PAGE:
Most of the day would be slightly downhill, so you would like to think of that as being a great opportunity of just cranking out the K’s? Yes, it was downhill in altitude but the terrain was a little something like this.

This makes it some tough going with its sharp inclines bringing me to a hike, and then having to make it up on the other side of it by running fast.
The valleys where wide and open, full of long native grasses of green, yellow and reds. The seeds would catch on my socks and get stuck under the tongue of my shoes, and after the 10th time of removing a few, I was pissed that I didn’t wear my gaiters.

The first 20 river crossings were only knee deep at best, however I was following a brook for the best part, so they should be shallow, isn’t it something like, Brook, Creek, Stream and River?!

The trail took me up and down for hours with little effect on the Garmin, it had been saying 43km for  two hours now. The only reason I knew I was getting anywhere was I was passing landmarks along route. I just needed to keep pushing forwards.

I passed the last hut and knew I should only be 27km or so from the finish with the real river crossings coming up. First though I would be passing massacre site and one of the reasons I didn’t want to be stuck out camping the night!

A large cloud blackened the sky and it started to spit rain, it was unusual as the sky 360degs around it was blue, it was just dark over my head and I hoped it didn’t follow me to the finishing point! Luckily it was a short stay and I was back knocking off K’s in the sunshine, and I was knocking off K’s too, the Garmin had finally come to the party!

The Maclay River was wide at least 150mts. I could imagine that if it was flowing at full bore it would be well up to the pebbled banks I was standing on making it 250mtes of raging river. So, looks like perhaps the “should” theory was right this time!

It was hard finding a place to cross it was deep at most places and had a fairly strong pull on it. After a dozen of these crossings and falling in a couple of times, I was now chasing daylight hours.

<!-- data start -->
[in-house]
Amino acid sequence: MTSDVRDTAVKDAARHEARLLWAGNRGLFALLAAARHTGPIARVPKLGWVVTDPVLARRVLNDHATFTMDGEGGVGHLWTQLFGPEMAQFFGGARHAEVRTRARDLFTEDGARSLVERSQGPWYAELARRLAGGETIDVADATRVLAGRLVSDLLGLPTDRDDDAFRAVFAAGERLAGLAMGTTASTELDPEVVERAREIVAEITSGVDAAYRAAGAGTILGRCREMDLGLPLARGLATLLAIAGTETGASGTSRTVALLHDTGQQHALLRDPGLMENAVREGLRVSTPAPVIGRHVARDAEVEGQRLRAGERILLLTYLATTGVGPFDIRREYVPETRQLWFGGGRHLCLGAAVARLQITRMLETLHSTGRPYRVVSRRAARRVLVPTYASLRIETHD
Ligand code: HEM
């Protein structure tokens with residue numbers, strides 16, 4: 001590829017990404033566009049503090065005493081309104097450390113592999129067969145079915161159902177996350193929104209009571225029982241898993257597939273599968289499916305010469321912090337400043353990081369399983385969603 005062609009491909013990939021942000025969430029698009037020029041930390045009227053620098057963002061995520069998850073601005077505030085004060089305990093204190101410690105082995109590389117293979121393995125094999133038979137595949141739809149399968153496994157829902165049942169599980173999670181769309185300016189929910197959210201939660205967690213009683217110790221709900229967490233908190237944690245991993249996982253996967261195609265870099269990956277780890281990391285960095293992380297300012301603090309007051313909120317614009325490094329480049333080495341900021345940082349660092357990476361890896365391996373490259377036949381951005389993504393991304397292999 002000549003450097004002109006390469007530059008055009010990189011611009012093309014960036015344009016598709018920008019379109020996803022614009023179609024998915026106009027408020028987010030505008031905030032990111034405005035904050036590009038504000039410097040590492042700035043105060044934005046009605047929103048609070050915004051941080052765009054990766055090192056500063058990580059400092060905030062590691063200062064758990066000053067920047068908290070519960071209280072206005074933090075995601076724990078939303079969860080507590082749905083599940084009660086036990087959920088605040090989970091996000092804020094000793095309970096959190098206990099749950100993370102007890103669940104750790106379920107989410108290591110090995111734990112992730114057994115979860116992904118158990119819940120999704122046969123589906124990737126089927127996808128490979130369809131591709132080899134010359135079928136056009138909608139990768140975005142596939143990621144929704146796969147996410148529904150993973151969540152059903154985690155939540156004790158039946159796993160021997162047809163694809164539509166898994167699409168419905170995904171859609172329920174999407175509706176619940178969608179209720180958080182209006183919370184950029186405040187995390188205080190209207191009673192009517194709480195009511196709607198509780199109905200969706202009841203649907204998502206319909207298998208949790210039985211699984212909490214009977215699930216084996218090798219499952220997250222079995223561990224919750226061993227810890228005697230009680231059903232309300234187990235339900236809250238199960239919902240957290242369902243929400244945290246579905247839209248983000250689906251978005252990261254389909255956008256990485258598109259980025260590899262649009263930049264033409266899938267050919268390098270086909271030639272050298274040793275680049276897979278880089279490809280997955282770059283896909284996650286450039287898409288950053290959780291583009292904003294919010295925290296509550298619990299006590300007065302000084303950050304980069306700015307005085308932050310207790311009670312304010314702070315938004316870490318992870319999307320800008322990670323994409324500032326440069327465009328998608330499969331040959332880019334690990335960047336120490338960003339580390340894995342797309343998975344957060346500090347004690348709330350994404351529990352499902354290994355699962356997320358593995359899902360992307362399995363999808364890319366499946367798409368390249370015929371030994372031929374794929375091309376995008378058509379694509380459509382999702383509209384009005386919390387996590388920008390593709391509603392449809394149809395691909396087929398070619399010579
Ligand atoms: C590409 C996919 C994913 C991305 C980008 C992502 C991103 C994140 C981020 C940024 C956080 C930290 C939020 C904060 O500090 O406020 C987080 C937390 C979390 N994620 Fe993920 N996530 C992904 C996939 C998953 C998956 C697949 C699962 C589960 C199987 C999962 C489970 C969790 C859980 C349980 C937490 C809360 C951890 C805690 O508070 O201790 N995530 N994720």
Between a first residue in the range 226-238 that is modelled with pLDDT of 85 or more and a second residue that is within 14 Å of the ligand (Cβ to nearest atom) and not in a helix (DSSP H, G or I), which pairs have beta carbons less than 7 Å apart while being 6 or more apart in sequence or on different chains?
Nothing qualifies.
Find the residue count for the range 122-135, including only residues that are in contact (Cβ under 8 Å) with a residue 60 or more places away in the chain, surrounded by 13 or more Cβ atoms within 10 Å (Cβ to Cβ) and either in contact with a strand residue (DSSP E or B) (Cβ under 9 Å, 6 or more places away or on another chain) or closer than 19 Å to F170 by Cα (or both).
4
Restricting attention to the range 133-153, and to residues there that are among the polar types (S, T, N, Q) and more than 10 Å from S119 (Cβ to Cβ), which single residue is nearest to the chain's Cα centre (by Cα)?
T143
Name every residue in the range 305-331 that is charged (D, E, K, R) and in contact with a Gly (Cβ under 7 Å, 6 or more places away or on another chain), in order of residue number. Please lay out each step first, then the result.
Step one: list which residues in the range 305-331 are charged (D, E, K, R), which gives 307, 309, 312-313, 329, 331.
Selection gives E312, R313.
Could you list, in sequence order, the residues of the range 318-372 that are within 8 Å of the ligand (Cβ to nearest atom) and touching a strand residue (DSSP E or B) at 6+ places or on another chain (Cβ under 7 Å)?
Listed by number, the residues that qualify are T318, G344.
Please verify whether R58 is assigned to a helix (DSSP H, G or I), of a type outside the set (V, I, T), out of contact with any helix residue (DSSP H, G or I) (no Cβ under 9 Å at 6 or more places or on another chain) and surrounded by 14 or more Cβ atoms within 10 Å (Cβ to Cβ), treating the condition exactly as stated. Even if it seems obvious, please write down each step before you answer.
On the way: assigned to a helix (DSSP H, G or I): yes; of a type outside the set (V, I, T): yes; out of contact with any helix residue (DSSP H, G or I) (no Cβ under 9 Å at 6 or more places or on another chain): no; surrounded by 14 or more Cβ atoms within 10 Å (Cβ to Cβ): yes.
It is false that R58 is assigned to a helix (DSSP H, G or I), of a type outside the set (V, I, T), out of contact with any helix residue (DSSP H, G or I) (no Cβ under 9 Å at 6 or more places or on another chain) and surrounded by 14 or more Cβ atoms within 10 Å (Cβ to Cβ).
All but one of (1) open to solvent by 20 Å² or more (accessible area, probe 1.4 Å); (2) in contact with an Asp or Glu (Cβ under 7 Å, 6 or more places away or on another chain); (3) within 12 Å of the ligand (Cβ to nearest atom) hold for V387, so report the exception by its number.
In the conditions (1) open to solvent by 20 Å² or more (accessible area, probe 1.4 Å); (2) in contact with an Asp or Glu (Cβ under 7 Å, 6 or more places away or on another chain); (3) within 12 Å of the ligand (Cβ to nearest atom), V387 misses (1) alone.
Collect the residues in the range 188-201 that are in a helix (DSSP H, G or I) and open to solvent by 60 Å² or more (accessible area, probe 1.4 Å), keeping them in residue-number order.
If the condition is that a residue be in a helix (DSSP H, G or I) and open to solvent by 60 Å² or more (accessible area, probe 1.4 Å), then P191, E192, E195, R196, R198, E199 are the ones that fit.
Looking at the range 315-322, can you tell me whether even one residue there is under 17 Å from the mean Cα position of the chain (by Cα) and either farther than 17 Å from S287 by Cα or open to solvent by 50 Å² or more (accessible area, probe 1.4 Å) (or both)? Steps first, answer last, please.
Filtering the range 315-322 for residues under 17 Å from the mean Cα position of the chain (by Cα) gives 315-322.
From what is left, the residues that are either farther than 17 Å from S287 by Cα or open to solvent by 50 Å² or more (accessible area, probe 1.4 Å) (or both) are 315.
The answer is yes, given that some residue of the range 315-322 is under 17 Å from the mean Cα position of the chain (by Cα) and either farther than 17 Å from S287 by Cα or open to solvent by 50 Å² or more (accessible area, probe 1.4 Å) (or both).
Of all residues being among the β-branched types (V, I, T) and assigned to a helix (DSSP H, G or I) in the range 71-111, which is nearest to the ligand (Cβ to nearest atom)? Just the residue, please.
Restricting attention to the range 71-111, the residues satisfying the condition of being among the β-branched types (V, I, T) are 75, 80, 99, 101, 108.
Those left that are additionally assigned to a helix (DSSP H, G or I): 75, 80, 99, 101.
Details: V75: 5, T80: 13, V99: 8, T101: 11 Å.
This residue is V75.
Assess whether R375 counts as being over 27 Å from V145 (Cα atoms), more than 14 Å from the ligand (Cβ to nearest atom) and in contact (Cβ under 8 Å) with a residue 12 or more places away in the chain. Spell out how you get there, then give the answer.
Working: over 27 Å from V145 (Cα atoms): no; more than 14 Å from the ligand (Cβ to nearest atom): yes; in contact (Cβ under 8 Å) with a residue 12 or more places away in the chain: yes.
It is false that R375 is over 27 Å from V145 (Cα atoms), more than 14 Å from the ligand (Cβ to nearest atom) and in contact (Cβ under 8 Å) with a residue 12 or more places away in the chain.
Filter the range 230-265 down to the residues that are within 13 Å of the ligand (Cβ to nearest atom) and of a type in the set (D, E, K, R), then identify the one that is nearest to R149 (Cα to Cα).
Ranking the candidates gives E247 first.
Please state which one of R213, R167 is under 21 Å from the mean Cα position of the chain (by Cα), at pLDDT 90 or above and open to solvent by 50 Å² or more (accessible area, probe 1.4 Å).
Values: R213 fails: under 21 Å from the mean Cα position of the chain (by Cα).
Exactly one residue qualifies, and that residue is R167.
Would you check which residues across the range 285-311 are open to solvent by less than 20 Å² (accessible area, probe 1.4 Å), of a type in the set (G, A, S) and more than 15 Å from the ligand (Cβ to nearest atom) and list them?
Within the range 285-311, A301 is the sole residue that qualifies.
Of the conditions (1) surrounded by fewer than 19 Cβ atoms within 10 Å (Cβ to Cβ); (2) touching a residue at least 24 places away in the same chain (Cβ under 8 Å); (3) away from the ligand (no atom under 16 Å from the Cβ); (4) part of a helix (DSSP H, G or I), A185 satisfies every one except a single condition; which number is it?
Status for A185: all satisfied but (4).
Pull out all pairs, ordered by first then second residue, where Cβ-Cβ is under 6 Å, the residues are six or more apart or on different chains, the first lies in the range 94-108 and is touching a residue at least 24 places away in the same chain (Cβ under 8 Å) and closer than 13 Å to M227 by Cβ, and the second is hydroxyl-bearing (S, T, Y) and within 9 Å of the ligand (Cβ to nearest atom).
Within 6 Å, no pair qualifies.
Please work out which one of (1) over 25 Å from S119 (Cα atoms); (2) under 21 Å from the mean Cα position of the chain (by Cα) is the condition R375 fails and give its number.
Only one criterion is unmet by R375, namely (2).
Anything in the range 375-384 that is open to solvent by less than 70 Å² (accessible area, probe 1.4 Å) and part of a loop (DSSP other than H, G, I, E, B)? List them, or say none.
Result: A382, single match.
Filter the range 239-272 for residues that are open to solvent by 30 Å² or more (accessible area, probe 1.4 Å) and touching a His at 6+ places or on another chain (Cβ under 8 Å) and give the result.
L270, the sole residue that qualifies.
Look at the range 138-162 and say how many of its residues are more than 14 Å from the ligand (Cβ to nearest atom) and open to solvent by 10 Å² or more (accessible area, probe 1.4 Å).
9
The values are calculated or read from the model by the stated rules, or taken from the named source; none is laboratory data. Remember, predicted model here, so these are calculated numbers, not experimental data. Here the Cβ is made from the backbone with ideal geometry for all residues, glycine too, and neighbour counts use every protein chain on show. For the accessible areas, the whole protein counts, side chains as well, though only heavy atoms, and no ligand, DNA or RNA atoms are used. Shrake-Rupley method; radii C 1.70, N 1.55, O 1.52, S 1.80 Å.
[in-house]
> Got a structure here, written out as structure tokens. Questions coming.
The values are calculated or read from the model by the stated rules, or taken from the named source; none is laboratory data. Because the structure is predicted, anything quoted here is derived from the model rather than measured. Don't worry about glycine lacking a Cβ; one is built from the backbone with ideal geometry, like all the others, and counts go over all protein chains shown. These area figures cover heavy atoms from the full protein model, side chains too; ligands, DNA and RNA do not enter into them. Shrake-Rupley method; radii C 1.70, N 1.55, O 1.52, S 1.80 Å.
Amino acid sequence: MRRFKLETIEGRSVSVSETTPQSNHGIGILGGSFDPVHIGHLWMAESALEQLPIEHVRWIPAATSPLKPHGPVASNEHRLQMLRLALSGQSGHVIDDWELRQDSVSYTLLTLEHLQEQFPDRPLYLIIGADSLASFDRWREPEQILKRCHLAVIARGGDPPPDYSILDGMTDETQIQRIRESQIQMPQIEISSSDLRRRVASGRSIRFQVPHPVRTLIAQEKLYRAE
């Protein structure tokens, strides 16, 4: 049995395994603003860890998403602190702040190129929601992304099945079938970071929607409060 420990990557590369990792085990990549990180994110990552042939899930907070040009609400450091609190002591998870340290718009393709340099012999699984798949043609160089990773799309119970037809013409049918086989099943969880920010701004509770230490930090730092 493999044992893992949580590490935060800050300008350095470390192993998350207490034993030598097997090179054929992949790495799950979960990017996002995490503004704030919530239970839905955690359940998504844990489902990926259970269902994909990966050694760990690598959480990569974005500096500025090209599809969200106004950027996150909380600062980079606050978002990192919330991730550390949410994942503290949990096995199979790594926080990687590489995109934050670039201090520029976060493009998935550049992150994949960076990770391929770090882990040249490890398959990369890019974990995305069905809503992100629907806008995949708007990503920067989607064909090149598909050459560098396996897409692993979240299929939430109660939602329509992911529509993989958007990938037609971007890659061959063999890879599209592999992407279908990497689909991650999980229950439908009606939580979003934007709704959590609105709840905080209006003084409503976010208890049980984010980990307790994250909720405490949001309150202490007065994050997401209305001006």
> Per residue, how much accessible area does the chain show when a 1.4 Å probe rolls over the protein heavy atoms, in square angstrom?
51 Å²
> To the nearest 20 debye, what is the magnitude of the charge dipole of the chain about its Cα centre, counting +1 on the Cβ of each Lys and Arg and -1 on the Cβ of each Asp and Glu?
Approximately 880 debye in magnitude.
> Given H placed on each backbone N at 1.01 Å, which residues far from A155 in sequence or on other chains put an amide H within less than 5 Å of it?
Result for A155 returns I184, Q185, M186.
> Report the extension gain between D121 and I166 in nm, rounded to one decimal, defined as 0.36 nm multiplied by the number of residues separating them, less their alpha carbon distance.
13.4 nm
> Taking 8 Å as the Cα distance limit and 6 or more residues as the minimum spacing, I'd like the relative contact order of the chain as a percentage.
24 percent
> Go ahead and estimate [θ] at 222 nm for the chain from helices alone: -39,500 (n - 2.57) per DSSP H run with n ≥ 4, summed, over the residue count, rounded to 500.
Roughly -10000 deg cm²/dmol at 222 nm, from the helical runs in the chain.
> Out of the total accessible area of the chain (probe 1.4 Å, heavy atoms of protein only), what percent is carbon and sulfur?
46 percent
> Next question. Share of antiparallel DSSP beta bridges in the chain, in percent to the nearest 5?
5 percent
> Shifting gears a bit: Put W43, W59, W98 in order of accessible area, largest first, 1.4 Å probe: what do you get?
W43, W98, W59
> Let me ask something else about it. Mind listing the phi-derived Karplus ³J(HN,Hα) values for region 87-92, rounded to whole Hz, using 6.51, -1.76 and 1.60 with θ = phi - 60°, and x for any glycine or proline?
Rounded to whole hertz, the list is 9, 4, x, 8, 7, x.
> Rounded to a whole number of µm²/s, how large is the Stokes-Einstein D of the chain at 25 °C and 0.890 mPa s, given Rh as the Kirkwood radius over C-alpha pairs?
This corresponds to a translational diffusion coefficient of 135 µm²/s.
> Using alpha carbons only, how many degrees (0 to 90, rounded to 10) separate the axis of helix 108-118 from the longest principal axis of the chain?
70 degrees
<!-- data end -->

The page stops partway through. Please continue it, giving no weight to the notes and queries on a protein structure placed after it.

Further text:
I had a few more crossings and wanted to get them out the way before sunset, where by it would be far more dangerous crossing then, and I would be finding myself camped out here the night.

I was pushing hard and hurting trying to wrap up the last 10km and it was difficult running along the river banks having to rock hop and bush bash.

The worst crossing came about when it was signed posted!

I found myself traveling further downstream to find somewhere safer to cross; the river was deep and wide here! There was nowhere to cross that was lower than waist height, so I took the plunge literally and practically swam to the far side with a panic!

This left me with 4km to go. Easy on any school night, but I was cold wet, carrying a heavy pack 68km down for the day and hurting! It was 4:40pm 4km in 20mins should be a cinch normally getting me in just before dark. However the trail disappeared again, like it had done all day and I found myself taking a huge climb. Was I going the right way? I had one finally river crossing 200m from the finish, so climbing up at this stage wasn’t a good sign. Then there was the sign that said “Private Property stick to marked paths” I would if there was one!

Then it dropped down steep and I had faith that this should be the final crossing and the Garmin thought so too. Where it wanted me to cross again was a no go, both directions were deep, it was dark now and I just needed to get over. I couldn’t see the Mothership on the far side for scrub, so I yelled out a few ties hoping that Vickie might hear me, there was nothing.

So it was one last swim and a grab of the bushes the other side and I was there, just about 10 meters down from where the river had dragged me.

Made my way up through the scrub and to the meeting point. Vickie arrived at exactly the same time, funny how that happens.

Its frighting to think that these rivers were very low, but still flowing fairly hard and deep. If it had rained more than the day before like it did, I reckon it would have been a whole different experience, but another BNT experience all the same!